My interview experience
I cannot reveal the actual questions because of NDA, but in my first interview, I had a question on Sliding Windows and Dynamic Programming.
In my second interview which was held the next day, I had 3 questions. One was a Scheduling Problem based on the heap, the second was again a DP question. I was able to quickly answer these 2 questions, and there were around 10-12 mins left. So the interviewer gave me another DP question for which he just asked me to write the recursive function and how I would memoize it. I was able to do that as well.
Both my interviews went well from my end, I didn't take any hints, wrote high code quality, and was able to successfully dry run all my solutions with edge cases.
Round 5: Hiring Committee
After I finished my interviews, I had a long wait. According to what I've heard, there is a hiring committee that comprises four to five persons that have prior interview experience and are familiar with the hiring standards. They would review your resume, your code during interviews, and the feedback from the interviewers before making a final decision.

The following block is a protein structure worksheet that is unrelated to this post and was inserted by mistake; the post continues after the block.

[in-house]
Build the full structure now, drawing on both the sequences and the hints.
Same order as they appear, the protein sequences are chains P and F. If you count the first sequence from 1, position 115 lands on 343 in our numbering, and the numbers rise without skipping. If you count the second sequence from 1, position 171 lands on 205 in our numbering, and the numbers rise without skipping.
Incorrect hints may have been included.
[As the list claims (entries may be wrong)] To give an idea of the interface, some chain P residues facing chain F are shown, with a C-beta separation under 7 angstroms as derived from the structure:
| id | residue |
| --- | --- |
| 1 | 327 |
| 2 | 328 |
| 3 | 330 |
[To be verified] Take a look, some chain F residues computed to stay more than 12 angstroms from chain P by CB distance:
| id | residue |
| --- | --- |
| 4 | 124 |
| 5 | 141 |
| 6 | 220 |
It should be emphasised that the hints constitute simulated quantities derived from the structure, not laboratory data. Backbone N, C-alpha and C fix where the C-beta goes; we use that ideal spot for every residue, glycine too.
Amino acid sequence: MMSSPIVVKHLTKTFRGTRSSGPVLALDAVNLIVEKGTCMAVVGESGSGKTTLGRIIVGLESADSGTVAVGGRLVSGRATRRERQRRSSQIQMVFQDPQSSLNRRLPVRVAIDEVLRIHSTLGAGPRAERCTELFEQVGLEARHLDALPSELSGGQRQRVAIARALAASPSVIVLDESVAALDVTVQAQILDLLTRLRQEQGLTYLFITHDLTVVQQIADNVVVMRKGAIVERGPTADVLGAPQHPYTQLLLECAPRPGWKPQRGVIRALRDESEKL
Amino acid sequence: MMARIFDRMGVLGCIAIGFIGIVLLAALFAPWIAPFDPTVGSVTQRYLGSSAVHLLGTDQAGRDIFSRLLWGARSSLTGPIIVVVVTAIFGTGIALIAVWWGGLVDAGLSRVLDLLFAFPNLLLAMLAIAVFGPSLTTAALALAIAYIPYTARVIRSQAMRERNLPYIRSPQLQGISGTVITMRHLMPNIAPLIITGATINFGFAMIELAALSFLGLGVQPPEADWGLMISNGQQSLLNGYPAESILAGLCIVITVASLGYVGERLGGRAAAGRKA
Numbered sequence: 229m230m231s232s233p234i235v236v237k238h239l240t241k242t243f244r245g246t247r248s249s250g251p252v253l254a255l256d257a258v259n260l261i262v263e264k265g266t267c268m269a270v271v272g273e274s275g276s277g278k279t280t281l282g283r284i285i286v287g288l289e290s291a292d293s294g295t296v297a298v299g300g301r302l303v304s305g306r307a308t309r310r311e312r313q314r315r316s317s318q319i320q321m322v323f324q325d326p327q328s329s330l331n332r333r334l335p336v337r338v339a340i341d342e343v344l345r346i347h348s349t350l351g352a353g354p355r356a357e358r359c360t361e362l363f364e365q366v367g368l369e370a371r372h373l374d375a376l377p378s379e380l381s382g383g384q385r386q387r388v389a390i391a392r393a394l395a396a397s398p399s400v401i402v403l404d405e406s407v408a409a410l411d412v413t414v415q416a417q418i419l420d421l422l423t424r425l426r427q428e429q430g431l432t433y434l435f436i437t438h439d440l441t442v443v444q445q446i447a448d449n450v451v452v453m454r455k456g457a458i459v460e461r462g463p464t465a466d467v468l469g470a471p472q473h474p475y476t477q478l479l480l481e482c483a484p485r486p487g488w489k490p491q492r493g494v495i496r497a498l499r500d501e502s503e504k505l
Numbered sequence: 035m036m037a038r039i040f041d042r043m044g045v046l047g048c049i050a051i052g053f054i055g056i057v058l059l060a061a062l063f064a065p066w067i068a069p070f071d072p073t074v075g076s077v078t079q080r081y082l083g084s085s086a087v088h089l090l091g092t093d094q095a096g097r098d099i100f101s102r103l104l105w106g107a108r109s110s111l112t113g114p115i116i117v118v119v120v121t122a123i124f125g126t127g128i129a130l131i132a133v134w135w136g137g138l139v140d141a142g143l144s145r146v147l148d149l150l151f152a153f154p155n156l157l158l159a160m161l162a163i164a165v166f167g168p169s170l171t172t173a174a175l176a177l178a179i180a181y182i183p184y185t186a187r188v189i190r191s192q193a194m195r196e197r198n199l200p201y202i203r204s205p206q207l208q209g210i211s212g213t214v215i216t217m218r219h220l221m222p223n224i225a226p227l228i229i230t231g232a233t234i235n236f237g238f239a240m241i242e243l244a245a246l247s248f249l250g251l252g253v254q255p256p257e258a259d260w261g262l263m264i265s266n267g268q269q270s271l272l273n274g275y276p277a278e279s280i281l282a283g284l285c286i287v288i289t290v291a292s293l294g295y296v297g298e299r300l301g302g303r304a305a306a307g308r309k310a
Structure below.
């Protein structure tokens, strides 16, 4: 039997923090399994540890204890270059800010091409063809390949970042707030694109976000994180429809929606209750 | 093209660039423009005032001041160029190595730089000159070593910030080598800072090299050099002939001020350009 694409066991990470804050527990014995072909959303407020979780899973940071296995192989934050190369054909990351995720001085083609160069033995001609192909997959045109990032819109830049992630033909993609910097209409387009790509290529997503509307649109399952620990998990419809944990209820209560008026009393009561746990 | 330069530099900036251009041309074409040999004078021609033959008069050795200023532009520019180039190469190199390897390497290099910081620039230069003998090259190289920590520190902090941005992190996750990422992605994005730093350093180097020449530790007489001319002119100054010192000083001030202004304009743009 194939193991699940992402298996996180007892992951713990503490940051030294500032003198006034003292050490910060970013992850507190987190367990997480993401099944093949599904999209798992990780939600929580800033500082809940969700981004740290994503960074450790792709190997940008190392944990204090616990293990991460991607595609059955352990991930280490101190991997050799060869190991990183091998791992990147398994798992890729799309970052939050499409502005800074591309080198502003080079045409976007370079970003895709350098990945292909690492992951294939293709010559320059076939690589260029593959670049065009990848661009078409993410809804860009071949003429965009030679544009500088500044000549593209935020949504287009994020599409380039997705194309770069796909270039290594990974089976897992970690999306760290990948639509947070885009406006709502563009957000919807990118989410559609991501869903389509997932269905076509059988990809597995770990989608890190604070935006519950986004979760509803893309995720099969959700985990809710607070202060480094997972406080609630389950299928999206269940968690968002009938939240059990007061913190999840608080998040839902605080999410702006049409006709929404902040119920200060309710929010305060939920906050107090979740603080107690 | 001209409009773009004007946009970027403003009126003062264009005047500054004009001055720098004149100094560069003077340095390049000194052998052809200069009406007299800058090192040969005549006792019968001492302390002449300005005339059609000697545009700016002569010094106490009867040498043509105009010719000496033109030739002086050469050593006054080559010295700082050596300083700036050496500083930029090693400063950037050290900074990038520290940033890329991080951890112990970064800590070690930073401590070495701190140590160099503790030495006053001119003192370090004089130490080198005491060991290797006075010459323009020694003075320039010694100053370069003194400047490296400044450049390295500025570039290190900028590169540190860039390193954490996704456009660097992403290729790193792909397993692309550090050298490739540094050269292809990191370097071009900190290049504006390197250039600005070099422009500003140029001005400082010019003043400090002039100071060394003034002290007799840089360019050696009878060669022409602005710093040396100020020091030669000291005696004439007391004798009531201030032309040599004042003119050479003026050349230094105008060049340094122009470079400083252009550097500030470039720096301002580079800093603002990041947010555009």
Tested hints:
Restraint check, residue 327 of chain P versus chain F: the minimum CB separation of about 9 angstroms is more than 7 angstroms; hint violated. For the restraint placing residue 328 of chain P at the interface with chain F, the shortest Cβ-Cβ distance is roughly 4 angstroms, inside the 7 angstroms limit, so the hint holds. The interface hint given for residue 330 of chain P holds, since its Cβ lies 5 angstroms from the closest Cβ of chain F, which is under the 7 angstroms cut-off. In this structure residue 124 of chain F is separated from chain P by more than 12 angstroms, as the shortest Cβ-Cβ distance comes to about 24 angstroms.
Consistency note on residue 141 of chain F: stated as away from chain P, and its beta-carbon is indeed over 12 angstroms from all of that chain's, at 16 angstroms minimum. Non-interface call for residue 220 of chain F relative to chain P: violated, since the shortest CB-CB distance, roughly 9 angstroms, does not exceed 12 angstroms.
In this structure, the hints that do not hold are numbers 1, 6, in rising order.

For me, it was a long long wait. I very clearly remember the day. It was Maha Shasthi (the onset of Durga Puja), I woke up to a mail saying:
"Congratulations on your SWE Summer Intern offer with Google India!"
It was a perfect blessing to me. I was ecstatic and overjoyed. It was an absolute dream come true moment for me and my family. Looking back I remember I felt very depressed when I was rejected by Microsoft twice. I gave my best in the Microsoft Engage Aptitude round yet wasn't even selected for the project building round. Then again when Microsoft came on-campus I was rejected after the OA round which still baffles me. But as they say "Whatever happens, happens for Good".
So whenever something unexpected or bad happens to you, remember these lines:
I hope you liked my blog, do follow me for more such content. I wrote another blog sharing some tips on how to convert your internship to PPO.
You can learn more about me at arnabsen.dev/about. Have a nice day !!